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Littleton School Board decides against mask mandate at emergency meeting

November 18, 2021
LITTLETON — Littleton School Board officials opted not to make masks mandatory at Lakeway Elementary School during an emergency meeting last Monday, despite administrative recommendations otherwise.

Littleton Superintendent William Hart suggested the school board review the current SAU 84 voluntary masking policy due to the recent and significant uptick in COVID-positive cases. While numbers remained at zero at the high school, Lakeway Elementary had 32 cases, ten of which were staff members. Hart noted that continued increases, particularly among the staff, would make educational norms a challenge.

"Today at the elementary school, I believe our principal, director of student services, our director of teaching and learning are all trying to help out because you have such a large population of our staff out," noted Hart.

Lakeway Principal Crystal Martin noted, "My concern is that in order to continue this trend, we're going to have a serious violation of staff safety. I do not want to make this recommendation, but it prevents us from going deeper into staff absences. Doing nothing isn't going to change that."

SAU 84 board member Larry Blaisdell said he believed in doing something rather than nothing. The board should defer to medical experts, mandate masks at Lakeway for a short period and monitor the middle and high schools, he added.

"We can turn a corner, and we can always take it back. So by even some small chance we can slow the spread of this illness and keep our staffing and students in school, I think we need to give it a shot. Doing nothing at this point is probably a mistake," stated Blaisdell.

Fellow board member Matthew St. John, who opposed masking mandates at the beginning of the school year, pointed out that other schools with mandates in place still had significant school community spread.

"It seems like we're trying to reduce the spread and mitigate risks with a relative level of confidence that cloth masks worn temporarily are going to accomplish that goal," stated St. John.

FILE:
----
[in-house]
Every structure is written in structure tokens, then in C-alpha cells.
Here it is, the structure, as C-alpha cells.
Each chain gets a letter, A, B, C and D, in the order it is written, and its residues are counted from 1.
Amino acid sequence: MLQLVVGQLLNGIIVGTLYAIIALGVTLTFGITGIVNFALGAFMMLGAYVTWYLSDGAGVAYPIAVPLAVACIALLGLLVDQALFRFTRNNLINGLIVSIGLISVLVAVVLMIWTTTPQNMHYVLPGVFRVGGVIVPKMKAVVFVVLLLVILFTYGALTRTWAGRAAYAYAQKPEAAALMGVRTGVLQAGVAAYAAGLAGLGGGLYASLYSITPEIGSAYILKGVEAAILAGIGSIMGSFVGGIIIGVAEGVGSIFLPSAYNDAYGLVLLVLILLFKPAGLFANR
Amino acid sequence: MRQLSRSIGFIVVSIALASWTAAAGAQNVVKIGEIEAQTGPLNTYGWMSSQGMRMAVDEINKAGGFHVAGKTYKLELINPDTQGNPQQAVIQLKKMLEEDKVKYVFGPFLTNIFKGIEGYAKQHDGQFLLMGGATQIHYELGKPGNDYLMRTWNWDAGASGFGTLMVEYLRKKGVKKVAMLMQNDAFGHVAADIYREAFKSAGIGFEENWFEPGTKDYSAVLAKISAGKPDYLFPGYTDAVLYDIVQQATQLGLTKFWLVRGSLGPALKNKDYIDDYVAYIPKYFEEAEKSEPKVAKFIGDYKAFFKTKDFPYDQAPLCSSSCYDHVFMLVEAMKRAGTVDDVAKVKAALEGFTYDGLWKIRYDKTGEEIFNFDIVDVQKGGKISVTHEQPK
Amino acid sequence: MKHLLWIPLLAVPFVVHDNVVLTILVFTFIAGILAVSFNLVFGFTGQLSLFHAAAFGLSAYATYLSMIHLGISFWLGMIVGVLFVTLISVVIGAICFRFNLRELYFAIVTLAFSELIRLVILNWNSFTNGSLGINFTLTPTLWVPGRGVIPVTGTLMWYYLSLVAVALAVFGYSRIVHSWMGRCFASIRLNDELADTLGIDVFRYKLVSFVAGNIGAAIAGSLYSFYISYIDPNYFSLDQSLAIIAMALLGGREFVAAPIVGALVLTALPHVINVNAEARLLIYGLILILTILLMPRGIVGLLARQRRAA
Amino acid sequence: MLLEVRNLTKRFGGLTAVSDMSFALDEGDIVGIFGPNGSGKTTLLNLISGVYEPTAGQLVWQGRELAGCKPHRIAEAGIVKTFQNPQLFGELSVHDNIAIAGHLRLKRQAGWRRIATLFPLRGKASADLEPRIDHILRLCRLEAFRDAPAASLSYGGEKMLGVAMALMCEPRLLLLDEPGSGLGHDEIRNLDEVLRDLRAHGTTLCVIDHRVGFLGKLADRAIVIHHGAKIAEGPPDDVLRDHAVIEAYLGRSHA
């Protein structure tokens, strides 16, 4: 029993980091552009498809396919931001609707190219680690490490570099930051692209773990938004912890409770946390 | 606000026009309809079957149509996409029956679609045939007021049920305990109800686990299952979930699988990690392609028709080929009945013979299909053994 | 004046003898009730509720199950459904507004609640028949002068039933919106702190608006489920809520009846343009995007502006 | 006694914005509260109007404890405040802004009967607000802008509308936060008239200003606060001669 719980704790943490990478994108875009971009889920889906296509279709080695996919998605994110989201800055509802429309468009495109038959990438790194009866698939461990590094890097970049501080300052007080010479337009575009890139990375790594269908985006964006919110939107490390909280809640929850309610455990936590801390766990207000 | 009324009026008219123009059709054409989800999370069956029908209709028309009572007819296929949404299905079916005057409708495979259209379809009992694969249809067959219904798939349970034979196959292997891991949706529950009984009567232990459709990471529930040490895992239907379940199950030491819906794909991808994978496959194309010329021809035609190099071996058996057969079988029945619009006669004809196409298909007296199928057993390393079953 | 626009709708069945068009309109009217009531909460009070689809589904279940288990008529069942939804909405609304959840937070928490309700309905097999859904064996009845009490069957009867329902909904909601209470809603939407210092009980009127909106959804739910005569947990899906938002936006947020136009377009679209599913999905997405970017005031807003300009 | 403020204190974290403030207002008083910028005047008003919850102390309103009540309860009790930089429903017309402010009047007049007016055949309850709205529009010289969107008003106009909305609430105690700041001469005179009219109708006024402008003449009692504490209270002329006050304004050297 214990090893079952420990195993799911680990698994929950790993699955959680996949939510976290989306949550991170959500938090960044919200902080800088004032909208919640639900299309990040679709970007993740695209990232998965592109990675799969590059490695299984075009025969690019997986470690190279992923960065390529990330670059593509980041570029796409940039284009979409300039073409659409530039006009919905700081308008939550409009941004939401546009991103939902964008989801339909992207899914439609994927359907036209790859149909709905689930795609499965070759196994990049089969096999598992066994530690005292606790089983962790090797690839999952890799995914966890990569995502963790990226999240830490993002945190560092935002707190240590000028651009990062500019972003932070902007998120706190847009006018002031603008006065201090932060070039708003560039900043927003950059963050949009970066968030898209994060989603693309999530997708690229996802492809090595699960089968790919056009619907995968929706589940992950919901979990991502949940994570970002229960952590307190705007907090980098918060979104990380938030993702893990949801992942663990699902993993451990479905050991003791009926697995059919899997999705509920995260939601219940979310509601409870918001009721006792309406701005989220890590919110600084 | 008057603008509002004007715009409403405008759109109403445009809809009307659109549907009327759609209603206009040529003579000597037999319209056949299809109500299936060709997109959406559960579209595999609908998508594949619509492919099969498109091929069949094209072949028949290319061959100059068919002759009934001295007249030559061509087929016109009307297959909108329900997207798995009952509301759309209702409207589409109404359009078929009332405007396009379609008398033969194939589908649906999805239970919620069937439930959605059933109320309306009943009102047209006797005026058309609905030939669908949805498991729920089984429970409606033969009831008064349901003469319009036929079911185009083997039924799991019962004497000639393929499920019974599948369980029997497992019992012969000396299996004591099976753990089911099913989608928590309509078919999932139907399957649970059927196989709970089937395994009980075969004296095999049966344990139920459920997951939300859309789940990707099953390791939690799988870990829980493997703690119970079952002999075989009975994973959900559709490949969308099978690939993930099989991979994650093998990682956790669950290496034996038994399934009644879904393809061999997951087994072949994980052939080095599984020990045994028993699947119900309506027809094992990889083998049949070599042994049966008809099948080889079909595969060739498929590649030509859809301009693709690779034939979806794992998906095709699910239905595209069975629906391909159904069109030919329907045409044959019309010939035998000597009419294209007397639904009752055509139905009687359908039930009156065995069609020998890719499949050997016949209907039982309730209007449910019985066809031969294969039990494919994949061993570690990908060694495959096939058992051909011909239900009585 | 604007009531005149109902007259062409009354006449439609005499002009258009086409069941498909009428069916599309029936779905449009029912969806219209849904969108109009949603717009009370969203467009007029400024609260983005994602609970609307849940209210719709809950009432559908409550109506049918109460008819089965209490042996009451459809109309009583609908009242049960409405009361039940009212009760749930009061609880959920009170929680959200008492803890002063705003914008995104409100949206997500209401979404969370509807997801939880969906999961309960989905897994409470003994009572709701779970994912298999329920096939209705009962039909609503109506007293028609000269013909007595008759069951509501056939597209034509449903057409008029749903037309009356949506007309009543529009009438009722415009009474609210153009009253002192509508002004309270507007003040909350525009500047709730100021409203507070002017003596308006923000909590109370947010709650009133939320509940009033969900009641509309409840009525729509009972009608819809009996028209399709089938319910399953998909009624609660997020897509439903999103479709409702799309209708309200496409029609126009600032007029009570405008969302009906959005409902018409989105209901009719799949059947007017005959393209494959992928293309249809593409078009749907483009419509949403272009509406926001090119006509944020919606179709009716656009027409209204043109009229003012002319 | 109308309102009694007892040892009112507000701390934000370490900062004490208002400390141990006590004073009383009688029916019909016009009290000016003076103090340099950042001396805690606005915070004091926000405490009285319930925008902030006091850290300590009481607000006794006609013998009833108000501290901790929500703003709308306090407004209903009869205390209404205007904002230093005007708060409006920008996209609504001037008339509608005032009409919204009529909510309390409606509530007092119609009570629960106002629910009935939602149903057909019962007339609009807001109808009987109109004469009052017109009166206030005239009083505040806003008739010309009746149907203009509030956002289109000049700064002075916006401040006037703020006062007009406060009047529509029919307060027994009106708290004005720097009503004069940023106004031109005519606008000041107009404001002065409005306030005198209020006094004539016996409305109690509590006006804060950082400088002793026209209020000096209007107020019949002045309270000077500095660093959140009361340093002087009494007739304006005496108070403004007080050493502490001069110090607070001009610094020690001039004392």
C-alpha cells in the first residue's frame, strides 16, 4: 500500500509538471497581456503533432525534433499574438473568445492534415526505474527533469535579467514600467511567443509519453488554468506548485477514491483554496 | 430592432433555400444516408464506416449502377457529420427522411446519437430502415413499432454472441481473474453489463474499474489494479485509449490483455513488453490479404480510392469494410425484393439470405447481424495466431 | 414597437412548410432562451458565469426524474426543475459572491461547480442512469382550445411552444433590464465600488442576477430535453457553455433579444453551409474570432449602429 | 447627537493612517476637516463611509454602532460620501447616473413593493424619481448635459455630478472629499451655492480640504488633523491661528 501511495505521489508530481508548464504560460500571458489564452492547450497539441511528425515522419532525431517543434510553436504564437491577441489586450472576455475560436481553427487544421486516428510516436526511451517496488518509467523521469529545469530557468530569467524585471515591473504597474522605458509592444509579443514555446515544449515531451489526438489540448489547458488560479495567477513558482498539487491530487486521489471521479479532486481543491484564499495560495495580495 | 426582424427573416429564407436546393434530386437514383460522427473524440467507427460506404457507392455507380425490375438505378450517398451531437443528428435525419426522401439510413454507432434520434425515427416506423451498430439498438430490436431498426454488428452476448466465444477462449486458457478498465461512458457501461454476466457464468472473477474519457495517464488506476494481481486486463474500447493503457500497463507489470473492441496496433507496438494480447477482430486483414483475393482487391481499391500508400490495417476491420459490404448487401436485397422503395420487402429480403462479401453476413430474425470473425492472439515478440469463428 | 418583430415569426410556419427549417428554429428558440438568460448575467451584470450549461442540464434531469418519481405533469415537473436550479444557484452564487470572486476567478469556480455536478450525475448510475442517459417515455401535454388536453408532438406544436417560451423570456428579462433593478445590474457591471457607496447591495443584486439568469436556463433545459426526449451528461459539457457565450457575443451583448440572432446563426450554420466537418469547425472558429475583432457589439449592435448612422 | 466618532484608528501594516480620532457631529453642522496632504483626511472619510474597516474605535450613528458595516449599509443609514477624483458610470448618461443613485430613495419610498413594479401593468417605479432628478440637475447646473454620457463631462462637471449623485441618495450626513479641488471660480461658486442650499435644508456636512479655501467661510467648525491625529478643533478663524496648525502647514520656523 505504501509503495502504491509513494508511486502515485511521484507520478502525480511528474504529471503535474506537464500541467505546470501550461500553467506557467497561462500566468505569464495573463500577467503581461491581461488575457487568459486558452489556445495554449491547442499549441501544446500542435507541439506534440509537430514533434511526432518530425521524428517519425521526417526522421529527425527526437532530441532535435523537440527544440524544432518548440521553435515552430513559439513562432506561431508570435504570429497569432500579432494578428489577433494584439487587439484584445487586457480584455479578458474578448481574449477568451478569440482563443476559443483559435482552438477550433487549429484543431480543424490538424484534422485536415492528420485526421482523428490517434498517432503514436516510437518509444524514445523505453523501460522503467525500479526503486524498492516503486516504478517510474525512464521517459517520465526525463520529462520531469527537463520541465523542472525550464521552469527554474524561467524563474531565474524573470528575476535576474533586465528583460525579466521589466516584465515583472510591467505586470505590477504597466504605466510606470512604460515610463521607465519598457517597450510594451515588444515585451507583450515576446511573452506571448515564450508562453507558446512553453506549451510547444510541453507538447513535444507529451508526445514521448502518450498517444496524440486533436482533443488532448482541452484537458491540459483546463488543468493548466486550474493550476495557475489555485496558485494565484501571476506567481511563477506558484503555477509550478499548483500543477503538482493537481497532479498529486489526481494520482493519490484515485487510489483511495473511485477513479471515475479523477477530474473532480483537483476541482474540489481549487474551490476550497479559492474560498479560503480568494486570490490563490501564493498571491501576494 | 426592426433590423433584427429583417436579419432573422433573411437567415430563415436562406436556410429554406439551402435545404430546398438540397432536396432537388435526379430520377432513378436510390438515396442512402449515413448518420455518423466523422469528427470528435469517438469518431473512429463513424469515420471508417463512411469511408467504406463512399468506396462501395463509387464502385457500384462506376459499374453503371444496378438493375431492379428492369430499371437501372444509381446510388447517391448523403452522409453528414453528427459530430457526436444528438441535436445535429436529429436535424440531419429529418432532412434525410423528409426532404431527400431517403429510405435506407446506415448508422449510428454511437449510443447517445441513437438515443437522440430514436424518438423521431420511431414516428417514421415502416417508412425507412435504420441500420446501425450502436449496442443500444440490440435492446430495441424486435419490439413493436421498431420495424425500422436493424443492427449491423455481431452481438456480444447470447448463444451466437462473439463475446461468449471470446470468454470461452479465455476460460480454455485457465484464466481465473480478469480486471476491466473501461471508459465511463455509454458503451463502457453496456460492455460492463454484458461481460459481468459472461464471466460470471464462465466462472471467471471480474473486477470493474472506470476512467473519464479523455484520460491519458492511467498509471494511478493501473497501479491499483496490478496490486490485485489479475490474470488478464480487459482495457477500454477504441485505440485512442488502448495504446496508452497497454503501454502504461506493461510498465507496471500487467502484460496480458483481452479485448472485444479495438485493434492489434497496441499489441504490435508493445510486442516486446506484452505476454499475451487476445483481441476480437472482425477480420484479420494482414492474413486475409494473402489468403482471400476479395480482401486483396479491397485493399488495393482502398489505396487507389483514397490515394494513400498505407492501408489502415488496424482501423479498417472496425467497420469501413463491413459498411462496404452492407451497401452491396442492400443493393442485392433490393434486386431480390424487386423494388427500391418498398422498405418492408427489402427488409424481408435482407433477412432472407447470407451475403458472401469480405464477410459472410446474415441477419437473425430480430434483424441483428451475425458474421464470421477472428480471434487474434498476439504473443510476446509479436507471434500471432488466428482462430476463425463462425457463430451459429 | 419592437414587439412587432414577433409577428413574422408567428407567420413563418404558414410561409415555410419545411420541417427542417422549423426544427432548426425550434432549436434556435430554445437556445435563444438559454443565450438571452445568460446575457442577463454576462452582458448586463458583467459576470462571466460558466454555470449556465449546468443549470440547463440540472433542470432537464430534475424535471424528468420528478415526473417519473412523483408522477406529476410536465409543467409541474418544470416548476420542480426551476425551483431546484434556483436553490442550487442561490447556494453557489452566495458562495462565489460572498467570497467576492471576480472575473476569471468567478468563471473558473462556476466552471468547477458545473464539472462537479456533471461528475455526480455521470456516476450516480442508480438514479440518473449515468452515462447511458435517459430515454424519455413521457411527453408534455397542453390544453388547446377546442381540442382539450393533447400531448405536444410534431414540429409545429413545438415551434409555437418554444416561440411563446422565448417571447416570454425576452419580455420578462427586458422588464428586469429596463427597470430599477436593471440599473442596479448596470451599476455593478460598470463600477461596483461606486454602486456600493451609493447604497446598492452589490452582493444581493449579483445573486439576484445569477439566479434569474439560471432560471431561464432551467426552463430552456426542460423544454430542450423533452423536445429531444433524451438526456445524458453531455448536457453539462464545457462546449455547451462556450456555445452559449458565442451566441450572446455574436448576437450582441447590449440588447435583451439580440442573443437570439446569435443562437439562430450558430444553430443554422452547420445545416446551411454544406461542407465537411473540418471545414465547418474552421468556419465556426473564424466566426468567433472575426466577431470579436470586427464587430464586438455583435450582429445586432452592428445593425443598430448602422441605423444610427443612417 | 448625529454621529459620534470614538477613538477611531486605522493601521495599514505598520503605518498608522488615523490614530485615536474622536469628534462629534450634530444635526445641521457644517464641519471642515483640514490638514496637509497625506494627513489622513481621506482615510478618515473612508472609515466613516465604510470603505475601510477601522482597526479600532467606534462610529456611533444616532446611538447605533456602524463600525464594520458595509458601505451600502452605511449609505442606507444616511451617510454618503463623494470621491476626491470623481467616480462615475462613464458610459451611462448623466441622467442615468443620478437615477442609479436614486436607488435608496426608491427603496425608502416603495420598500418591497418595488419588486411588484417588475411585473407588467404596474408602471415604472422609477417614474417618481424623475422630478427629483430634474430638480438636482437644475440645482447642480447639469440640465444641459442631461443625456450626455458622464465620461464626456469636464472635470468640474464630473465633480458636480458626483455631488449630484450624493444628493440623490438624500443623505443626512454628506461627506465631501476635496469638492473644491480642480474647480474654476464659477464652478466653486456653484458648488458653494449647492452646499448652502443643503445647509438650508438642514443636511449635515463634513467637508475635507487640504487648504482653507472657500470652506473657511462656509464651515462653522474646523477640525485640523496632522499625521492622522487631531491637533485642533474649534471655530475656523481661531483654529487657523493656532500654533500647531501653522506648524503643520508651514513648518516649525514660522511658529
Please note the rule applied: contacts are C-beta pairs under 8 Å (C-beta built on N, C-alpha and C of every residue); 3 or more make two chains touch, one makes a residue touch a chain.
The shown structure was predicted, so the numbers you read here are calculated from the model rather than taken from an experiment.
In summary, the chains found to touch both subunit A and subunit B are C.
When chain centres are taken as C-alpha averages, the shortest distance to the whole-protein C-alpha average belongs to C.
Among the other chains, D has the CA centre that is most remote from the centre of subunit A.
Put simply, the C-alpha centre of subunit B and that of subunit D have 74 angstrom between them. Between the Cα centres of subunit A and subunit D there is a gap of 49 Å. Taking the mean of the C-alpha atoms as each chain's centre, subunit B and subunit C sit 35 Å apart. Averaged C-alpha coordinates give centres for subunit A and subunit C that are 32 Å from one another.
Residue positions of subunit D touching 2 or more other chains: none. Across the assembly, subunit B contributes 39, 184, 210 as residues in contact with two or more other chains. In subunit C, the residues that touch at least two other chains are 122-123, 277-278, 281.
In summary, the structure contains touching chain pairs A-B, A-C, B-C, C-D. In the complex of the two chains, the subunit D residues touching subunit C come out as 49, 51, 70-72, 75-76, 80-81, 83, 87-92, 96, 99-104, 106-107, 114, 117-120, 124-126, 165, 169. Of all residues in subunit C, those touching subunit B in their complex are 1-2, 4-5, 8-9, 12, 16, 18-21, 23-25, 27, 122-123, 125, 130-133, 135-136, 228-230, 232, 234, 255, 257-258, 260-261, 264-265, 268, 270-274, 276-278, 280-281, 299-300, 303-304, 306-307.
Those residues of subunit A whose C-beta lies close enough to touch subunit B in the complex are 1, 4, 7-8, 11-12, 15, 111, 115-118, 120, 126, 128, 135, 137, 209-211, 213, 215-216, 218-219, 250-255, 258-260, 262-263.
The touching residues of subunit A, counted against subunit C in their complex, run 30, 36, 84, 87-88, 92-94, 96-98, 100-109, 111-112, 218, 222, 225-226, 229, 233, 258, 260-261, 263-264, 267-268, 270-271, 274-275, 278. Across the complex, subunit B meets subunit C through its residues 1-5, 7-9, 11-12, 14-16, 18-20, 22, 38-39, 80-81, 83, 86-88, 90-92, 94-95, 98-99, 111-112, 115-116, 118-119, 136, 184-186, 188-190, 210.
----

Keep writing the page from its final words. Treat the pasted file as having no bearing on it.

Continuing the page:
School Board Chair Greg Cook noted receipt of six letters from parents, three of which favored a mandate and three opposed. He added that remote learning was no longer an option for at-risk students with underlying health conditions, and that wearing masks would not protect at-risk students from other classmates.

Several impassioned residents argued both sides of the debate during the two-hour hybrid meeting. Opponents argued that mask enforcement diminished educational success and increased behavioral problems, while proponents noted increased spread and emerging long-term virus symptoms.

Littleton social studies teacher and Teacher's Association President Jeremy Brown said his purpose wasn't to debate one side or another about mask mandates or get involved with the politics of COVID, but to express the general concern of the teachers.

"My job as the union president is to essentially keep watch over the negotiated agreement and make sure that the work environment for teachers is conducive for them. Regardless of what people may believe about the various aspects of COVID, it is having an impact on our schools, and we are obligated to respond somehow," stated Brown.

The educator said teachers faced significant classroom disruptions, whether from covering faculty absences or tending sick children at home. He added that teachers were burning the candle at both ends to address academic deficiencies and significant behavioral problems.

Board member Ann Wiggett motioned to accept Hart's masking recommendation and put it on the floor for a discussion. The action received no second from fellow board members.

Martin Lord & Osman
Salmon Press
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